Recent graduates are more likely to find success if they "foster" their passions as opposed to following them, Angela Duckworth writes for the New York Times.
Duckworth explains that discovering your passion is not usually a sudden epiphany.
"As a psychologist who studies world-class achievers, I can say the reality of following your passion is not very romantic," she says. "It takes time to develop a direction that feels so in-the-bones right that you never want to veer from it."
She offers the following advice to recent graduates for navigating the path to passion.
Take your time
Duckworth reassures recent graduates that it's OK if they don't know their career path yet. Interests are developed over time through exploration and experience. Even renowned chef Julia Child didn't realize her love for French cuisine until later in life.
Duckworth also encourages recent graduates not to fret if their first job isn't a perfect fit.
"As I said to one young man who, on the cusp of his first real job, was paralyzed by indecision: 'Don't overthink it. Move in the direction of something that feels better than worse."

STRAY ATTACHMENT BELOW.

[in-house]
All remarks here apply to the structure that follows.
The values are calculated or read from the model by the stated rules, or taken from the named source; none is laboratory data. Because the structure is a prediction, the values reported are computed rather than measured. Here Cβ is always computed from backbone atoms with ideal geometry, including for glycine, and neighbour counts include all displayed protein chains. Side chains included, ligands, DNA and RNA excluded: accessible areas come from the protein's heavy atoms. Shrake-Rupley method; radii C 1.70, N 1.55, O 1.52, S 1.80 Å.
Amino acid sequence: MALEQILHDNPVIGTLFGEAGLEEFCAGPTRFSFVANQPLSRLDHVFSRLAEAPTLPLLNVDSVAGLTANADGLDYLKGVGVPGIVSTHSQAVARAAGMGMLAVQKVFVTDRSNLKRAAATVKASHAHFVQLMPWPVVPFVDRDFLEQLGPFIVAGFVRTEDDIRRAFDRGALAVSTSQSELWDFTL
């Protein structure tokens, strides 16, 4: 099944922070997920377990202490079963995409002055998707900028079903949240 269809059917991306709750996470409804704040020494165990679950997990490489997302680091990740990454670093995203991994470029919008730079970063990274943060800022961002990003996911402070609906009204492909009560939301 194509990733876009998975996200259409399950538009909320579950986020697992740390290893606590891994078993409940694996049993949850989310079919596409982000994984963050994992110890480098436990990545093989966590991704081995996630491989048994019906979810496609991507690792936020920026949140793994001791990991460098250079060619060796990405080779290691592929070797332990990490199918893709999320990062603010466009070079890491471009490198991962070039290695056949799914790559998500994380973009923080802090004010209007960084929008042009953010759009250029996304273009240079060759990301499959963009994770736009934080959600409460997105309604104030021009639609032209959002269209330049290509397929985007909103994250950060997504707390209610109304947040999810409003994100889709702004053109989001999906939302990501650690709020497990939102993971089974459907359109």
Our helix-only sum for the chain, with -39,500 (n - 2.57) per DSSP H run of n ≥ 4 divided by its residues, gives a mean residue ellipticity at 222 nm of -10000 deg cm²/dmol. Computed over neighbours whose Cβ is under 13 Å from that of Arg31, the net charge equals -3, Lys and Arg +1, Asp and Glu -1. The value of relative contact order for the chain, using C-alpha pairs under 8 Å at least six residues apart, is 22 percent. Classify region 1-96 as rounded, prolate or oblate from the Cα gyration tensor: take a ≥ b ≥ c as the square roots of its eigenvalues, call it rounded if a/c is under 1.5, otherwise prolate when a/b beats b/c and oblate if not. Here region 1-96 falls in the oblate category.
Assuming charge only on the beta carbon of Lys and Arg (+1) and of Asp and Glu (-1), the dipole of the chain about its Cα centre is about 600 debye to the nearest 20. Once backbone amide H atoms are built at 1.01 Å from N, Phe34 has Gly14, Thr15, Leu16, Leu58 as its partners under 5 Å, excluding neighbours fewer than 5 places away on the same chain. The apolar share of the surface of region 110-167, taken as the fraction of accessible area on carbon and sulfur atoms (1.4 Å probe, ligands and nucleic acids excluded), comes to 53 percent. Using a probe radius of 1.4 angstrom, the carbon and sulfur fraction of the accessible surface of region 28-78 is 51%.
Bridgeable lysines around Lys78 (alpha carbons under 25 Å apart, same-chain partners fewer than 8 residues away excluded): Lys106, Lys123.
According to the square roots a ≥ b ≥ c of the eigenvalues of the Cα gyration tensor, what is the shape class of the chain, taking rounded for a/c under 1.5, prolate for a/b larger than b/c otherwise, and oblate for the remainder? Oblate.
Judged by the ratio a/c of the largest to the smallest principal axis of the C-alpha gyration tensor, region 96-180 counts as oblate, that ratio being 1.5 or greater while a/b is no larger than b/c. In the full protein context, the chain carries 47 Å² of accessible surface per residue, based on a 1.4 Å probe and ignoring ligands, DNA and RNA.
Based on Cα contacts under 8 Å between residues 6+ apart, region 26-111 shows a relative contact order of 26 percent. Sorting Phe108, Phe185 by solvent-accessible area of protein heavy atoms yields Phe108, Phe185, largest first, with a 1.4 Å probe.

When thinking about a career path, asking, "In what way do I wish the world were different? What problem can I help solve?" is equally as important as, "What do I want to be when I grow up?"
Duckworth recommends that recent graduates write down what or who is most important to them as a way to focus on their core values. It is also helpful for people to imagine what they would most like to be remembered for in their eulogy.
"Self-oriented motives like interest and other-oriented motives like altruism are not mutually exclusive," Duckworth says. "In fact, personal interest and self-transcendent purpose are the dual engines of intrinsic motivation."
Excel at your first job
A first job sets the basis for future goals and opportunities, which is why it should be taken seriously.
Duckworth encourages recent graduates to stick to their professional commitments and put forth their best effort.
Seven ways to rekindle your passion for your job
"Work as hard on your last day as on your first," she says. "No matter where you go next, you have an opportunity to make the most of where you are now" (Duckworth, New York Times, 6/4).
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